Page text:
Immigrants — Medicaid & CHIP
In general, immigrants who entered the U.S. on or after August 22, 1996 must wait five years after receiving qualified status before they are eligible for Medicaid or CHIP. Individuals not yet qualified may be eligible for emergency services and some may be eligible for insurance through the Marketplace.
♦ States have the option to adopt broader eligibility rules for immigrant children and pregnant women.
Immigrants who are “qualified non-citizens” are generally eligible for coverage through Medicaid and the Children’s Health Insurance Program (CHIP), if they meet their state’s income and residency rules.
Medicaid & CHIP coverage for lawfully residing children and pregnant women
States have the option to provide Medicaid and CHIP coverage to lawfully present children and pregnant women.
♦ The term lawfully present includes all qualified immigrants, as well as many other types of immigrants who have permission to live or work in the United States.
States can use CHIP funding to provide prenatal care to women who are ineligible for Medicaid, without regard to immigration status.
Some states use state or county funds to provide Medicaid and CHIP to other groups, such as lawfully present immigrants who do not have qualified status and to children who are undocumented.
♦ States have the option to remove the 5-year waiting period.
A child or pregnant woman is lawfully residing if they’re lawfully present and otherwise eligible for Medicaid or CHIP in the state.
Twenty-nine states, plus the District of Columbia and the Commonwealth of the Northern Mariana Islands, have chosen to provide Medicaid coverage to lawfully residing children and pregnant women without a 5-year waiting period.
Twenty-one of these states also cover lawfully residing children or pregnant women in CHIP.
|American Samoa***||Children and pregnant women|
|Arkansas||Children||Children and pregnant women*|
|California||Children||Children and pregnant women|
|Colorado||Children and pregnant women||Children and pregnant women*|
|Connecticut||Children||Children and pregnant women|
|Commonwealth of the Northern Mariana Islands (CNMI)||Children and pregnant women*|
|Washington, D.C.***||Children and pregnant women|
|Delaware||Children||Children and pregnant women|
|Hawaii***||Children and pregnant women*|
|Maine||Children||Children and pregnant women|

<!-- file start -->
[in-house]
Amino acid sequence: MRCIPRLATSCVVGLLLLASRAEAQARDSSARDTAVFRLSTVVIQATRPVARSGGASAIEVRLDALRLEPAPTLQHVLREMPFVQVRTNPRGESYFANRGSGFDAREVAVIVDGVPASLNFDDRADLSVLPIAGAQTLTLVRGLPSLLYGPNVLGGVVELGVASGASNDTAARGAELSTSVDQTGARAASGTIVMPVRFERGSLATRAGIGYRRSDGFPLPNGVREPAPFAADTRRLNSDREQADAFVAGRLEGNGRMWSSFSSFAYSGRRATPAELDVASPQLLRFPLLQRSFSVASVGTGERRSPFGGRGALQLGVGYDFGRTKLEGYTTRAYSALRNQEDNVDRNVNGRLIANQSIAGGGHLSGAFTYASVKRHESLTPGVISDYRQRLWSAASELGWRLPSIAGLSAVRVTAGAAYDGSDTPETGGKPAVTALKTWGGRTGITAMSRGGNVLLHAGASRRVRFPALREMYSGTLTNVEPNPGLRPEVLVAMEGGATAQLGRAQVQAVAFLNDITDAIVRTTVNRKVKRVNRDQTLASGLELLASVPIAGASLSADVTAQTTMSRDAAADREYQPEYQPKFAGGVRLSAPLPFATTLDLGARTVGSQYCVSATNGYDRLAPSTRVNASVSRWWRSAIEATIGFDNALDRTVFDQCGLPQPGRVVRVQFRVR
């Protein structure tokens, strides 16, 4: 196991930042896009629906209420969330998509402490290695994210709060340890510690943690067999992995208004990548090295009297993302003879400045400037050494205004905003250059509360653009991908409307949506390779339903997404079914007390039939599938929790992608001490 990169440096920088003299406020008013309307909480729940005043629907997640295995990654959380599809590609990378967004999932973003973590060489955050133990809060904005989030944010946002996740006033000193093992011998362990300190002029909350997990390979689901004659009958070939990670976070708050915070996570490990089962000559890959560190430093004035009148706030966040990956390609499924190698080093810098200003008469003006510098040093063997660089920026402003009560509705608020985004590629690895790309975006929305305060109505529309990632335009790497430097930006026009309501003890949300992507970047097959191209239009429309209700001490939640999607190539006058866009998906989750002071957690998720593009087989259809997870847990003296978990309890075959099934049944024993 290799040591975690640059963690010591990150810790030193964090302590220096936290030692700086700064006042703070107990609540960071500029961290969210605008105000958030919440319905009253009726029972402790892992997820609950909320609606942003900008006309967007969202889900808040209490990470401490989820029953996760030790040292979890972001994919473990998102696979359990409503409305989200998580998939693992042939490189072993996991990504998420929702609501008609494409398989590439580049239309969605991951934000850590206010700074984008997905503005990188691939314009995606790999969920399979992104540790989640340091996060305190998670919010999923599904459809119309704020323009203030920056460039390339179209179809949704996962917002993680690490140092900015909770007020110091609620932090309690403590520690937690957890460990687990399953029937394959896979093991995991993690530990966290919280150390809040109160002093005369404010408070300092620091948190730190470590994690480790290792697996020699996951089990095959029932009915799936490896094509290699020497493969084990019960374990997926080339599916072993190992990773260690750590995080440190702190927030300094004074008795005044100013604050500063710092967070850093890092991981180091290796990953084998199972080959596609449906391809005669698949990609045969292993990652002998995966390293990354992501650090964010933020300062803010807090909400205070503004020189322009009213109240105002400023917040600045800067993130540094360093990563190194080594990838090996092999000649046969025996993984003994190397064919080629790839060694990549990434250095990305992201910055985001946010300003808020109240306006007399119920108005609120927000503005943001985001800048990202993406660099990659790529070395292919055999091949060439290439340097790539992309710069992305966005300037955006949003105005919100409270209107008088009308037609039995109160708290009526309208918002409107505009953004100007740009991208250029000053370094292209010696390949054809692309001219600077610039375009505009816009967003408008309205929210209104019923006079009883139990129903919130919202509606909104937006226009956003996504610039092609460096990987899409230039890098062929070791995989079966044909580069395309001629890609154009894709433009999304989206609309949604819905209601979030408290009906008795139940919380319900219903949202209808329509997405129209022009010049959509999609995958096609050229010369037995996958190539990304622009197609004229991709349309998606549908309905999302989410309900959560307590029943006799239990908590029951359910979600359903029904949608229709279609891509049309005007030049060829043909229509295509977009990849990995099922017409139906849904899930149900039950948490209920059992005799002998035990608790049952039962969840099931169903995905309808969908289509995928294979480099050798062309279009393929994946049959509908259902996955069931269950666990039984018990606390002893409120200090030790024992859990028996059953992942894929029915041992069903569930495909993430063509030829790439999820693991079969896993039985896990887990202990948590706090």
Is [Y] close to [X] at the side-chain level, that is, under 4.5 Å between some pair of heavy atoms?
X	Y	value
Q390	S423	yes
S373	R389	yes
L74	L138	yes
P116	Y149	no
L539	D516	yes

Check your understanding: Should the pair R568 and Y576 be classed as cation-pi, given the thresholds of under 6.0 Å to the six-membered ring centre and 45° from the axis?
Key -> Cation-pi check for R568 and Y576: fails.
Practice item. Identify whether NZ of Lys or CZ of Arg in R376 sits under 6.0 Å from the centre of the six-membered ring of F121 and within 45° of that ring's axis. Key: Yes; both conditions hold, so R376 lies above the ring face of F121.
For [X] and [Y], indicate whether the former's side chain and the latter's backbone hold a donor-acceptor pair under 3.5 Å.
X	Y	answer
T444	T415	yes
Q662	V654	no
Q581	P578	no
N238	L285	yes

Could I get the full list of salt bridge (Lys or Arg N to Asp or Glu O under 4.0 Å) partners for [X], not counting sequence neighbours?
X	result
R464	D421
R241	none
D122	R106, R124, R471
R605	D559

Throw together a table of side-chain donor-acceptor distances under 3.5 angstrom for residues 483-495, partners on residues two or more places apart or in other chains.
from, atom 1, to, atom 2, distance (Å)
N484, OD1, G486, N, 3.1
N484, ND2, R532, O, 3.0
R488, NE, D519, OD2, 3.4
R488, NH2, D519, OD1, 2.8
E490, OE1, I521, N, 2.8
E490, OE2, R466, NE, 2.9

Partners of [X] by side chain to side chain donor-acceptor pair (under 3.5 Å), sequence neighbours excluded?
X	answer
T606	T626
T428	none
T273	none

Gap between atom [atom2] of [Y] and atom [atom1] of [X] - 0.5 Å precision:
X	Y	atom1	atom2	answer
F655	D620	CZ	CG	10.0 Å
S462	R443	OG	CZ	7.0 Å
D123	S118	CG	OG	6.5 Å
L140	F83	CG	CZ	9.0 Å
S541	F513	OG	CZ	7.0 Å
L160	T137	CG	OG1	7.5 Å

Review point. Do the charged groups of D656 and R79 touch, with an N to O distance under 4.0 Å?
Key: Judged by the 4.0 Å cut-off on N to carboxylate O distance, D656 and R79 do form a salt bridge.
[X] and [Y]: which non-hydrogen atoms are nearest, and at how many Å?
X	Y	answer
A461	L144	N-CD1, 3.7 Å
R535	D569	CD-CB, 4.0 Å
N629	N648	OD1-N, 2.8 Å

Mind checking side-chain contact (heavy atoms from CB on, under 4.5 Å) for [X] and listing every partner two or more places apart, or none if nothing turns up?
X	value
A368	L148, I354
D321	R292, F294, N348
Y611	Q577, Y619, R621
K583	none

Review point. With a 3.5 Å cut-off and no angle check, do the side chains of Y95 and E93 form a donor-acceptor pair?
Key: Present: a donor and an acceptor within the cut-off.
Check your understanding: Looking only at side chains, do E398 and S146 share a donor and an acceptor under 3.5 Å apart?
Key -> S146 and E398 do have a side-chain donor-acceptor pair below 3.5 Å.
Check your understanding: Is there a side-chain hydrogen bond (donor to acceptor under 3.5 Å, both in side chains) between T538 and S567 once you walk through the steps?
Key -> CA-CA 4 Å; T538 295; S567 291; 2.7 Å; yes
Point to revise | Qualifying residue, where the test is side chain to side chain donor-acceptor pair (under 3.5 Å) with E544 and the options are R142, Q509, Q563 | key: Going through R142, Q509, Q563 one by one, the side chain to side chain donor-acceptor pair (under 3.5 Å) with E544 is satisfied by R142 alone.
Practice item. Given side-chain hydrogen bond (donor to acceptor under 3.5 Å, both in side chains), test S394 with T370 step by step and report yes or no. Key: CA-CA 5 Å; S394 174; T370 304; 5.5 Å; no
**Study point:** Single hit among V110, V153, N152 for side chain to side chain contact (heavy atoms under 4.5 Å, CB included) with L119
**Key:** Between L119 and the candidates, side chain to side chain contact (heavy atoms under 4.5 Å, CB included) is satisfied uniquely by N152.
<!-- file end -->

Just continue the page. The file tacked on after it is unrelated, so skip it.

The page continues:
|Maryland***||Children and pregnant women|
|Massachusetts||Children||Children and pregnant women|
|Minnesota||Children||Children and pregnant women|
|Nebraska||Children||Children and pregnant women*|
|New Jersey||Children and pregnant women||Children and pregnant women|
|New Mexico***||Children and pregnant women|
|New York||Children||Children and pregnant women|
|North Carolina||Children||Children and pregnant women*|
|Ohio***||Children and pregnant women|
|Pennsylvania||Children||Children and pregnant women|
|South Carolina||Children and pregnant women|
|U.S. Virgin Islands***||Children and pregnant women|
|Vermont***||Children and pregnant women|
|Virginia||Pregnant women** Children||Children and pregnant women*|
|Washington||Children||Children and pregnant women|
|West Virginia||Children||Children and pregnant women*|
|Wisconsin||Children||Children and pregnant women*|
Source: Medicaid.gov — Updated as of December 11, 2019
* These States cover children in Medicaid up to age 19.
** Virginia is using an 1115 demonstration to cover pregnant women.
*** These states are CHIP Medicaid expansion programs.
Getting emergency care
Medicaid provides payment for treatment of an emergency medical condition for people who meet Medicaid eligibility criteria in the state, but don’t have an eligible immigration status.
Federal law prevents illegal immigrants from being covered by Medicaid. However, another law specifies that the poor cannot be turned away from emergency treatment.
- Medicaid pays out about $2 billion a year for emergency treatment for people who show up at emergency rooms.
A portion of these people are homeless people but a much larger portion are illegal immigrants.
A hospital survey reports that most emergency Medicaid money goes to reimburse hospitals for the delivery of babies.
Medicaid, CHIP, and “public charge” status
Applying for Medicaid or CHIP, or getting savings for health insurance costs in the Marketplace, doesn’t make someone a public charge.
This means it won’t affect their chances of becoming a Lawful Permanent Resident or U.S. citizen.
However, people receiving long-term care in an institution at government expense may face barriers getting a green card.
Public charge means an individual who is likely to become primarily dependent on the government for subsistence, as demonstrated by either the receipt of public cash assistance for income maintenance or institutionalization for long-term care at government expense.
♦ Starting from February 24, 2020 a new rule will be used to define "public charge."
The rule expands the list of publicly-funded programs that immigration officers may consider when deciding whether someone is likely to become a public charge.
Immigration officers will be given much more discretion when it comes to deciding if someone might become a public charge.
This topic is explained in much greater detail on the page Public Charge Rule
Source: Medicaid.gov, HealthCare.gov, CMS, HHS, USCIS